The thing is, we often say it to our friends – we are no good to another if we are not first good to ourselves. Taking care of our exterior does a world of good in feeling good about ourselves and being understood and respected in the world. We can often feel taken advantage of by coworkers, children, significant others and peers; when you are over 50 it is time to reclaim yourself and show the world that you are still a successful and compassionate person, but you are no one’s doormat, you aren’t to be retired to a shelf, you are a phenomenal woman.

The quickest way to do this is by honestly analyzing your closet. Here’s a few things that every woman should toss from her collection:

Short-sleeved Camp Shirts. This seems to be the staple of many women’s wardrobe. In a poly blend, silky challis, actual silk or a cotton blend, these shirts have a boxy shape, a notched collar and are often worn untucked with trousers or tucked into skirts. They usually come in a floral or abstract print though they also do come in solids. They are wonderful because they are breezy on hot days, easy to wash and dry, resistant to wrinkles and seem to dress up a simple pair of shorts or pants.

Ladies, these are the equivalent of a man’s Hawaiian shirt. They are cheap looking, dated and a bit corny. They don’t flatter your figure, and they don’t honestly state to the world your personality and sense of style.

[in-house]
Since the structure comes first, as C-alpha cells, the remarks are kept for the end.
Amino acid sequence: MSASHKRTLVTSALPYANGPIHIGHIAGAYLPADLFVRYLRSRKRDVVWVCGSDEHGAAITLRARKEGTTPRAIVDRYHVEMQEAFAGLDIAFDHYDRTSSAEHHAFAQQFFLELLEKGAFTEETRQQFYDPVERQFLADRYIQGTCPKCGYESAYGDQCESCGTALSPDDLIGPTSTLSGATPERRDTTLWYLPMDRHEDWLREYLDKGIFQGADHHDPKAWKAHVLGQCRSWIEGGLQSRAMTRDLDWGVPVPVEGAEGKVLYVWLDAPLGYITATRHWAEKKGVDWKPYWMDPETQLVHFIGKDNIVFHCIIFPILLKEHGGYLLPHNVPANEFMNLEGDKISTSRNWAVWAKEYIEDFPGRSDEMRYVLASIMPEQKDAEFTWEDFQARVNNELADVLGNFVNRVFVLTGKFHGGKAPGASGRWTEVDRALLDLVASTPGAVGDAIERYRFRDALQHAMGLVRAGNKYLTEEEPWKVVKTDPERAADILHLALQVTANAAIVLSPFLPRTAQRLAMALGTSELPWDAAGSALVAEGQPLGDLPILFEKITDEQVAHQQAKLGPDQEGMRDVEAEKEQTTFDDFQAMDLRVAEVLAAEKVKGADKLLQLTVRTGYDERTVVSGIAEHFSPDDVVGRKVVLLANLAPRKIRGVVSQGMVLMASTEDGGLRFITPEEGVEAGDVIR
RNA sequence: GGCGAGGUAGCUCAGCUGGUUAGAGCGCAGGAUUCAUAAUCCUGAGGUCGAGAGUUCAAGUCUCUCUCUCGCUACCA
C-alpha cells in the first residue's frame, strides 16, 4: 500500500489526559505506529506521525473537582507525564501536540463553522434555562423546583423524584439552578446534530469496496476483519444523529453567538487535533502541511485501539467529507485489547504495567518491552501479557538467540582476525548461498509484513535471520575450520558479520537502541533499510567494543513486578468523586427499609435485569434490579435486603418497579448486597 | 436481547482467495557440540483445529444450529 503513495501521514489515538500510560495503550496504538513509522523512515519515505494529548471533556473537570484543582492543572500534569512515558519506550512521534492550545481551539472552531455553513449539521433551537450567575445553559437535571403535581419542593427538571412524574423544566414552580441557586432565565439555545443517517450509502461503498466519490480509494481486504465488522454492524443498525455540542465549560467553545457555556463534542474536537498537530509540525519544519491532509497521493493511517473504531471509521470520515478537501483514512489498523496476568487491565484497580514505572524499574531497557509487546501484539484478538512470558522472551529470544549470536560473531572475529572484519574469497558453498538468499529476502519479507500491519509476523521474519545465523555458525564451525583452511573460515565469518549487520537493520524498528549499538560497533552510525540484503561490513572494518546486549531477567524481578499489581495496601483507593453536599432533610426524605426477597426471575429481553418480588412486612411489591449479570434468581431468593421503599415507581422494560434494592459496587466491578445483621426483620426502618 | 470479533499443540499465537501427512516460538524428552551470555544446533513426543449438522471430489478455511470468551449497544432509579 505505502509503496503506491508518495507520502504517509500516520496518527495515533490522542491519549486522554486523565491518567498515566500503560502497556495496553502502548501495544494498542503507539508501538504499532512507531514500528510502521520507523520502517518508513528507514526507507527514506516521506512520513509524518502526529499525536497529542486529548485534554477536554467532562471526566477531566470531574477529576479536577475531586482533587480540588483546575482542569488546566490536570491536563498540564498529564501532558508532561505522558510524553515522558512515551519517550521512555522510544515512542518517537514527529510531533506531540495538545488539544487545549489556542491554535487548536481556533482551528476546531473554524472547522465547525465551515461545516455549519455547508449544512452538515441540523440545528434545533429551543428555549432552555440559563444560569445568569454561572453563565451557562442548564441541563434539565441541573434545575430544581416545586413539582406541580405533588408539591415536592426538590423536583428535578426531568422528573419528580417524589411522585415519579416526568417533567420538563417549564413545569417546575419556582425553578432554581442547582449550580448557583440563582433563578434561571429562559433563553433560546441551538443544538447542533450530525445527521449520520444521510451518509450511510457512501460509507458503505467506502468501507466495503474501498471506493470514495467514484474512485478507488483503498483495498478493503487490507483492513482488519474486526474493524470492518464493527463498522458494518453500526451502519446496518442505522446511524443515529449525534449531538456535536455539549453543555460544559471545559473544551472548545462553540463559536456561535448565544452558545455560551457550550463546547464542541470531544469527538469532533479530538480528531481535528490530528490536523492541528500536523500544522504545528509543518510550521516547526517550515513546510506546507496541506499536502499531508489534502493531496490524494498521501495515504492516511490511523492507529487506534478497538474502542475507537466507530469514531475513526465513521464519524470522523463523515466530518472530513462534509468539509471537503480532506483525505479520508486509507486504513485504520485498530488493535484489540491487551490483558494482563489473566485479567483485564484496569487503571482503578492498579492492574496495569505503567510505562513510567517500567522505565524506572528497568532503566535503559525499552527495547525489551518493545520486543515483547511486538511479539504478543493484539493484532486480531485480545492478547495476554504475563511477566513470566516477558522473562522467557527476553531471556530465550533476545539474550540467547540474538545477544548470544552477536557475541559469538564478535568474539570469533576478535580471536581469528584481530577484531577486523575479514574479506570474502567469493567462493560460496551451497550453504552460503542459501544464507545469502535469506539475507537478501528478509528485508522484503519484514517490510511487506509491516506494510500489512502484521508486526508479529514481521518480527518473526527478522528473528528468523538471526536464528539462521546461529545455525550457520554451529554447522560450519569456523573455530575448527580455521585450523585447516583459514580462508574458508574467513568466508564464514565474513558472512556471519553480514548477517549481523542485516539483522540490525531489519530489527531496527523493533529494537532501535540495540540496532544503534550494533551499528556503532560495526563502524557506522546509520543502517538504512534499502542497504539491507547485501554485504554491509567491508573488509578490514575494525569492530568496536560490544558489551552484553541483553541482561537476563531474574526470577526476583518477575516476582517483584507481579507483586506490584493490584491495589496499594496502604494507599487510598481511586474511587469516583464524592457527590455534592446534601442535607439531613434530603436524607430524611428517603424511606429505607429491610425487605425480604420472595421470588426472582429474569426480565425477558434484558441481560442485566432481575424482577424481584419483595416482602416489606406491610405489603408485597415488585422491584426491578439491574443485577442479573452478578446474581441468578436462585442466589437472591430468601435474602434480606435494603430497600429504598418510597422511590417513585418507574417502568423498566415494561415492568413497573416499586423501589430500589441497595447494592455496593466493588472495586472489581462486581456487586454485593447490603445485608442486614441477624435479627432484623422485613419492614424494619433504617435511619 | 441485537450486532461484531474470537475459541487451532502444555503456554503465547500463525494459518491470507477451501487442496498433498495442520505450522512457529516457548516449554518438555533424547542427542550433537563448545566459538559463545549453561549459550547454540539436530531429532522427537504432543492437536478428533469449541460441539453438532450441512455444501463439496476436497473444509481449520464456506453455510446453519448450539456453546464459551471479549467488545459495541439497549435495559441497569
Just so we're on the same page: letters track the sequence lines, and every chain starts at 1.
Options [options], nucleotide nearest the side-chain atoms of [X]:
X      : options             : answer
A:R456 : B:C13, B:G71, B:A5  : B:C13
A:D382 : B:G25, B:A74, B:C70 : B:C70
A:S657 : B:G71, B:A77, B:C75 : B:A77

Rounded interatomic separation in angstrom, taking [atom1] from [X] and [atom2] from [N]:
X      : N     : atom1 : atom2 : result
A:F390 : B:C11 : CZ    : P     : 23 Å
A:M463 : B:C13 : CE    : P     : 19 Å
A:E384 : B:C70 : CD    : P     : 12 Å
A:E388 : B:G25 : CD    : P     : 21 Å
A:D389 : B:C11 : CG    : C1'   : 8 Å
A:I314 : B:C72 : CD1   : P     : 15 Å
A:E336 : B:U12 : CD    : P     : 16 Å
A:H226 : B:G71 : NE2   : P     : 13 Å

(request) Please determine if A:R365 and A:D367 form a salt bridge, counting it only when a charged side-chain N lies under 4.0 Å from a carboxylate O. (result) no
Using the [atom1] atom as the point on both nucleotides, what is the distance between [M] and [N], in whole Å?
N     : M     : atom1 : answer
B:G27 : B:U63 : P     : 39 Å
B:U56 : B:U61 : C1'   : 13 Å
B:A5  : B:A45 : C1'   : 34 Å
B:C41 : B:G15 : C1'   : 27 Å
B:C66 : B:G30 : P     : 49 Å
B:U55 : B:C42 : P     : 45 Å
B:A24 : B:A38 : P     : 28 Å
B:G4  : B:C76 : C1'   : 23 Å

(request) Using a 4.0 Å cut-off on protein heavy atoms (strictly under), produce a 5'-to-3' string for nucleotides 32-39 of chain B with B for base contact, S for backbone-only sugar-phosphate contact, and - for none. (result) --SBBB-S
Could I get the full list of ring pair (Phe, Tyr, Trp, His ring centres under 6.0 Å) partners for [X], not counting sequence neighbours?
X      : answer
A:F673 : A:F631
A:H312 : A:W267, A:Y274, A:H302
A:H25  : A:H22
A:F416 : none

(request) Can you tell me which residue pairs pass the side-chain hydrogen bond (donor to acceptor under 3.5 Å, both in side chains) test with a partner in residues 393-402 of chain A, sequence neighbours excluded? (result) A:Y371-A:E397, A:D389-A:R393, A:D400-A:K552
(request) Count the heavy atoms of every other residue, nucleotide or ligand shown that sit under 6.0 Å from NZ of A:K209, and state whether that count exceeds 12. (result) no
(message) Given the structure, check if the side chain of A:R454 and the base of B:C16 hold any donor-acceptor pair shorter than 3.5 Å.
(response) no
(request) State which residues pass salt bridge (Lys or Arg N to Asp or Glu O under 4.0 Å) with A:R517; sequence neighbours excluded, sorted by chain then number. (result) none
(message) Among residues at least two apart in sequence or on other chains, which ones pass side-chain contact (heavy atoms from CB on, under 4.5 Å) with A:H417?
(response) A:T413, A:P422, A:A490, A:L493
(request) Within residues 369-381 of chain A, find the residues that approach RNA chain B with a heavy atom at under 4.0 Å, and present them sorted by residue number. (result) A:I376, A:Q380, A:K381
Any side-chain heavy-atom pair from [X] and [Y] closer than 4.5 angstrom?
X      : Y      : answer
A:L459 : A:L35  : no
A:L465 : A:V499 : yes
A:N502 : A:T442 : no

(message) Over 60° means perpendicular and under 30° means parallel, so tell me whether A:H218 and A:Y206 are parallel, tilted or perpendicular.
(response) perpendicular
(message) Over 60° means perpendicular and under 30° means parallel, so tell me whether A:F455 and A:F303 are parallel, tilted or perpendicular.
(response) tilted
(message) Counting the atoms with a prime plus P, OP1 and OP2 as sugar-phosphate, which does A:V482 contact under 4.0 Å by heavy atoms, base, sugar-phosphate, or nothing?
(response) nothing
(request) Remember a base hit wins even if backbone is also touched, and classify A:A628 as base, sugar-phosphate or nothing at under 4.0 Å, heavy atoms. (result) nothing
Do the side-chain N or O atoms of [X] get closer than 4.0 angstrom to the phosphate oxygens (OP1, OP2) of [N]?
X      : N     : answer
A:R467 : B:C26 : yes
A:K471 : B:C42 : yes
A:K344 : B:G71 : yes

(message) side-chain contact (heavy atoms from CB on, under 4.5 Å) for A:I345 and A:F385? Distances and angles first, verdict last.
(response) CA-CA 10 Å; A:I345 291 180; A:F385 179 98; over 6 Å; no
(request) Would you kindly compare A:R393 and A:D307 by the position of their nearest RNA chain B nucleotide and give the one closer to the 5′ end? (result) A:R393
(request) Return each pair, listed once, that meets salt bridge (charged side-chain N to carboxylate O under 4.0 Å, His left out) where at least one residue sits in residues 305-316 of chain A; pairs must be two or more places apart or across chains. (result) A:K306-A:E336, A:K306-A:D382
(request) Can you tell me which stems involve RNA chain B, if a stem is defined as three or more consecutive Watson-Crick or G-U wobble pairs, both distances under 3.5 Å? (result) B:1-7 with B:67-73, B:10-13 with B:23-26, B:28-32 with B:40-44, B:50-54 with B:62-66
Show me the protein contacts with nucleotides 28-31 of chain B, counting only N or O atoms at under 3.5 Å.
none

The Poly-blend Elastic Waist PermaPress Trouser. Again, these are popular because they are so easy – comfortable, easy to care for, work almost every season of the year. Black can look dressy in a snap, colors add pizzazz to outfits (usually with the camp shirts that are mentioned above).

I understand comfort and convenience, and I understand that it isn’t easy to shop for a figure that may not look or feel the same as it did 25 years ago. However that does not mean you need to succumb to what my dear friend calls Nursing Home Couture. You are not having someone else dress and bathe you, you have the ability to pull and zip up your own trousers, so you should invest in a few pairs that are easy to care for but look elegant and flattering.

Unlined trousers of cotton blends and synthetics usually can take a run on the gentle cycle of the washing machine with a gentle liquid detergent; drying synthetics is an overnight process from a hanger on your shower curtain rail. A tab-waist trouser will not dig into your midsection and lay smooth over your curves. A straight trouser or one that slightly gets wider as it goes down the leg is the most flattering to the majority of silhouettes. Black is great for dressing up; white is amazing with brights or pastels in the summer (look for lined or a heavier fabric with these to prevent VPL), and you will get more wear and look far more polished in neutrals for trousers – tan, camel, ivory, gray, brown will get you far more miles than baby blue or mauve.